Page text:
MTPR

Endangered Species Act

Two grizzly bear cubs killed by a train near Trego were discovered Oct. 15, 2019.
Montana Fish, Wildlife and Parks

Conservation groups announced Monday that they sent a letter to BNSF Railway threatening a lawsuit over grizzly bears killed along its train tracks. So far this year, a record eight grizzlies from the Northern Continental Divide Ecosystem (NCDE) have been killed by trains.

Grizzly bears in the Lower 48 are protected as threatened under the Endangered Species Act. It’s illegal to kill them, even if it’s an accident.

A grizzly bear mother and cub in Yellowstone Park.
iStock

The state of Montana filed its final arguments late last week in the complex and controversial lawsuit over the fate of Yellowstone-area grizzly bears.

In the summer of 2017 the Department of the Interior removed Endangered Species Act protections for the roughly 700 bears estimated to live in the area at the time. Tribes and conservation groups promptly filed suit and a federal judge in Missoula restored protections for the bruins last fall

Hunter with a rifle.
iStock

State wildlife officials euthanized a grizzly bear that was suffering from a gunshot wound late last month. State and federal officials are now asking for information on who shot the bear near Whitefish.

A member of the Governor’s Grizzly Bear Advisory Council writing a note about grizzly connectivity, Oct. 2019.
Nick Mott / Montana Public Radio

Updated: 10/07/19 at 5:15 p.m.

A new council dedicated to building consensus around state grizzly management and paving the way to delisting wrapped up its first round of meetings last week.

Regional Director of the U.S. Fish and Wildlife Service Matt Hogan, U.S. Interior Secretary David Bernhardt and Montana U.S. House Rep. Greg Gianforte listen to residents of the Rocky Mountain Front talk about conflict with grizzly bears, Oct 5, 2019.
Aaron Bolton / Montana Public Radio

U.S. Interior Secretary David Bernhardt paid a visit to the Rocky Mountain Front Saturday to hear about conflicts with grizzly bears. The secretary heard numerous calls for delisting grizzlies from their threatened species status in and around Glacier National Park, but he says changes may be able to be made prior to delisting.

Congressional Western Caucus Chairman Paul Gosar (left) looks over to Rep. Greg Gianforte (right) as he introduces him at an ESA rollbacks roundtable on Tuesday, September 24, in Washington D.C.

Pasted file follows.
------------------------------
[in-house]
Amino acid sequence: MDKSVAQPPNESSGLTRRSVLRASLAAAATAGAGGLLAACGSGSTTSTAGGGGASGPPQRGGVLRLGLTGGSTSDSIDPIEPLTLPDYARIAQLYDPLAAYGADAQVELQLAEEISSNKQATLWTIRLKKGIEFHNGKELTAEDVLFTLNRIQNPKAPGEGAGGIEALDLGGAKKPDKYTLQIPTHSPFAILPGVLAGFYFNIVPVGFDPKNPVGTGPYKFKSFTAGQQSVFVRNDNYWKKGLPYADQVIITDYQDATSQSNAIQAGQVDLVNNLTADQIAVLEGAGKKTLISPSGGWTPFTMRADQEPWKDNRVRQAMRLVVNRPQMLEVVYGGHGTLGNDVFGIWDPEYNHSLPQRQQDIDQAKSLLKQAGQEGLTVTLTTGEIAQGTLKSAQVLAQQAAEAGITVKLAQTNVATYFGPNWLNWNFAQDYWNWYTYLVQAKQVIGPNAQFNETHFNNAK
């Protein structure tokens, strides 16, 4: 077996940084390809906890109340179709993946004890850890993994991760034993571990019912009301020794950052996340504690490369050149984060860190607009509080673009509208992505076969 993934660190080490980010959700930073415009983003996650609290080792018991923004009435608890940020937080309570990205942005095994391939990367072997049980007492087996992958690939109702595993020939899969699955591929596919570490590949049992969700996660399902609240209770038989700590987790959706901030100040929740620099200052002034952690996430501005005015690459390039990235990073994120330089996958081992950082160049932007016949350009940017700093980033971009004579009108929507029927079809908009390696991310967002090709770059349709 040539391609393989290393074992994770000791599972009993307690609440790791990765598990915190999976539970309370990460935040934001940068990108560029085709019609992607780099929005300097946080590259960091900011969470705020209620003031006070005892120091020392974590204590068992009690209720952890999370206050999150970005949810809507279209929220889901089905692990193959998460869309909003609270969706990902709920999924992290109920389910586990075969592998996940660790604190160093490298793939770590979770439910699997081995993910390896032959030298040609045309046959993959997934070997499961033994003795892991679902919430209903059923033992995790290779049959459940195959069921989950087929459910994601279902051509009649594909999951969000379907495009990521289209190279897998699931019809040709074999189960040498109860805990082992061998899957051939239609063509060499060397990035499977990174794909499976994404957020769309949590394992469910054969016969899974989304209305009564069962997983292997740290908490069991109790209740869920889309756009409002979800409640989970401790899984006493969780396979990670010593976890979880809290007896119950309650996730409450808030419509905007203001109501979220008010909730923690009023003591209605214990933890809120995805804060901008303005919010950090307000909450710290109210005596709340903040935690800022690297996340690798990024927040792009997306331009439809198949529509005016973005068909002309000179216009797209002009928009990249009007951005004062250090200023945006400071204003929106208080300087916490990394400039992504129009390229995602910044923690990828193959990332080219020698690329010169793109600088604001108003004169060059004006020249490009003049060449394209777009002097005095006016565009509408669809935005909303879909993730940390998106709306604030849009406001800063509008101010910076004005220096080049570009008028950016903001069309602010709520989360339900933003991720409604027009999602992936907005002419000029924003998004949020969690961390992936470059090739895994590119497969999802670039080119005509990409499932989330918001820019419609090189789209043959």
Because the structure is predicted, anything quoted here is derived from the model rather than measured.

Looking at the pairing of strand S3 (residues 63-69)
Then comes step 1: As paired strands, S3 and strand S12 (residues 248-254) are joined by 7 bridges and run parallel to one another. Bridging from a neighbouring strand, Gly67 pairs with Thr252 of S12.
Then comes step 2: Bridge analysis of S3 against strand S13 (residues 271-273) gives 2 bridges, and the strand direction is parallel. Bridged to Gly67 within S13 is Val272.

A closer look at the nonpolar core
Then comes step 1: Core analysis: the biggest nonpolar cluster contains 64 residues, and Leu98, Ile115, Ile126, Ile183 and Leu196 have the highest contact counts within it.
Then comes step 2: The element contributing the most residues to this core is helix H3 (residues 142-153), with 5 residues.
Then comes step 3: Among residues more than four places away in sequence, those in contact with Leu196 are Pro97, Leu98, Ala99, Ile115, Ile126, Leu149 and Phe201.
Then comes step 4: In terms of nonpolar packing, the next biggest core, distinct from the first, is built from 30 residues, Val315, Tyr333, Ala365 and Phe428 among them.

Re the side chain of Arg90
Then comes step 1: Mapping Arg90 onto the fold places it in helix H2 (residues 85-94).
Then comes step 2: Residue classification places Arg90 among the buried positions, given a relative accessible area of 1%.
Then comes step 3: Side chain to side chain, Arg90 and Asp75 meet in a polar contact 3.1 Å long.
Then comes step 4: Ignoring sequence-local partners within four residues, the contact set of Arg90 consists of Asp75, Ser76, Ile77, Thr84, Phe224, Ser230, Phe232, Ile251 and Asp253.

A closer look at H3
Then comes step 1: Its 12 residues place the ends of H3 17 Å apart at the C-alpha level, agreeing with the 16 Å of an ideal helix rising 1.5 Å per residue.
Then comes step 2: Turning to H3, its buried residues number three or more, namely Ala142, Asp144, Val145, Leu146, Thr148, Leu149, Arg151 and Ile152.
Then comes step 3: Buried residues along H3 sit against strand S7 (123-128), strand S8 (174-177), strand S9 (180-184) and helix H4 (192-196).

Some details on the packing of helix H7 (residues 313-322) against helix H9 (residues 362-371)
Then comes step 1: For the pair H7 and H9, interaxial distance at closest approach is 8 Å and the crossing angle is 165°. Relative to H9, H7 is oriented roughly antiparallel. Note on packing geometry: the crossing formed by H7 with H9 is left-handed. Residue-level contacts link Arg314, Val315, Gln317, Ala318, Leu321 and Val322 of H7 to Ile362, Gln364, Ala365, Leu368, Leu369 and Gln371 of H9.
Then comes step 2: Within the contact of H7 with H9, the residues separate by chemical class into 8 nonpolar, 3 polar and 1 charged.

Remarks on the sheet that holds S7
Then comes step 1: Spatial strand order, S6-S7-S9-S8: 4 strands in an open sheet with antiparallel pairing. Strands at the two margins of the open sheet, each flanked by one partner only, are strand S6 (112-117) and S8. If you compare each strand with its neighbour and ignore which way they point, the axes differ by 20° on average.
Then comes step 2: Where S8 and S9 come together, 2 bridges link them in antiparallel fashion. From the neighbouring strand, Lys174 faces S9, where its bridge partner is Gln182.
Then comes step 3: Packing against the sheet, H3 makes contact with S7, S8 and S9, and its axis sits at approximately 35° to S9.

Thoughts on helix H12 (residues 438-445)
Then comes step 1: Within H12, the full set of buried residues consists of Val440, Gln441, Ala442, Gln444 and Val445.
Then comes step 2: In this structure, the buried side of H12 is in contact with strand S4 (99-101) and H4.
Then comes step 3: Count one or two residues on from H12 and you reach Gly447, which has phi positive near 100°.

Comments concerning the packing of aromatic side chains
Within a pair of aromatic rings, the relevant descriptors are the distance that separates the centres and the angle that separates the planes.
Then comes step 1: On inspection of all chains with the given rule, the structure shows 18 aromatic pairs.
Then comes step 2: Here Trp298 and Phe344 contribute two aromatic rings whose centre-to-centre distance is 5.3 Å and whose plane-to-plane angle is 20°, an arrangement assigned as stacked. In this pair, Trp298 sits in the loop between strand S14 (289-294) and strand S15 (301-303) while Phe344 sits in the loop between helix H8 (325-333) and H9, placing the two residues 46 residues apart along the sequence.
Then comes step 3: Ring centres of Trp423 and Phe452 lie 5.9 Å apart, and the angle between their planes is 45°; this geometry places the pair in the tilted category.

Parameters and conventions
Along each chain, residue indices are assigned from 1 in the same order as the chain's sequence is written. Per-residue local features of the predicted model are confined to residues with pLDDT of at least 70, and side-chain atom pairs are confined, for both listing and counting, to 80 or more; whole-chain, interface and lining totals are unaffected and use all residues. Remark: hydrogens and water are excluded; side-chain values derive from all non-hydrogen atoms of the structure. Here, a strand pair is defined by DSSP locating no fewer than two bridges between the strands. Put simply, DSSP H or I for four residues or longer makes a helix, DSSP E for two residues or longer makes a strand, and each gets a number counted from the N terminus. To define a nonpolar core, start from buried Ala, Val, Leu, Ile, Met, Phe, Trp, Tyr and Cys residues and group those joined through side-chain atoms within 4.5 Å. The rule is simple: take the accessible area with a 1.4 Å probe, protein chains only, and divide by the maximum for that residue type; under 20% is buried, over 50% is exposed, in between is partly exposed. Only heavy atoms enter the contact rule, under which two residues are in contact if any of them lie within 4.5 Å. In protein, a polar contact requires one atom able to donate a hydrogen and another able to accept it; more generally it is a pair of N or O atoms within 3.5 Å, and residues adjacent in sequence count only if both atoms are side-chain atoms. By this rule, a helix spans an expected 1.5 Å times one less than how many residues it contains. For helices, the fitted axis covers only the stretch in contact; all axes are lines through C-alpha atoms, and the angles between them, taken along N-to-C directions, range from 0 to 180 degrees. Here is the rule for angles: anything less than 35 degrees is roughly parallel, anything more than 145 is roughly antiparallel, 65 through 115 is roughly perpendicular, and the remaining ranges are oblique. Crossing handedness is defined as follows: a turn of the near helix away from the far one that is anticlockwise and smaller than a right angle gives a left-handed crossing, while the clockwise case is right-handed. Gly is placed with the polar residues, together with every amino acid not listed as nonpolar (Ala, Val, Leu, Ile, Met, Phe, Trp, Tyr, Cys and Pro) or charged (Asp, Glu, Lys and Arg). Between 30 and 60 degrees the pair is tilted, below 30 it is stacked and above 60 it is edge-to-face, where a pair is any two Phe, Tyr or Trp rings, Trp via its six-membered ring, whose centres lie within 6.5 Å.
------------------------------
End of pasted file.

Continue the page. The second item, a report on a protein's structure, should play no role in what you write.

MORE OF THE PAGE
Congressional Western Caucus

While federal debate rages over the future of the Endangered Species Act, Montana’s representative in the U.S. House says the Trump administration's rollbacks last month don’t go far enough.

Republican Greg Gianforte introduced a bill making it easier to delist species protected by the ESA at a Congressional Western Caucus roundtable in Washington D.C. Tuesday.

Grizzly bear stock photo.
iStock

The U.S. Department of the Interior recently changed how federal agencies will apply rules within the Endangered Species Act. The move raises questions about protections for established grizzly bear populations in Montana, Wyoming and Idaho. MTPR's Aaron Bolton explains what the rules mean for uninhabited grizzly ecosystems, like the Bitterroot National Forest.

Grizzly bear at Swan Lake Flats in Yellowstone National Park.
Jim Peaco (PD)

The U.S. Interior Department announced changes Monday to how federal agencies will apply the Endangered Species Act (ESA). There is concern that the changes could affect Yellowstone grizzly bears' threatened status in the future.

The bears' status under the Endangered Species Act has been tied up in court for years.

In a move that critics say will hurt plants, animals and other species as they face mounting threats, the Trump administration is making major changes to how the Endangered Species Act is implemented. The U.S. Department of Interior on Monday announced a suite of long-anticipated revisions to the nation's premier wildlife conservation law, which is credited with bringing back the bald eagle and grizzly bears, among other species.

The U.S. Fish and Wildlife Service announced Tuesday that it officially placed grizzly bears in the Greater Yellowstone ecosystem back on the endangered species list, complying with a 2018 court order.

The Fish and Wildlife Service removed Greater Yellowstone bears from the federal endangered species list in 2017, saying the population was distinct and that it no longer needed endangered species protections.

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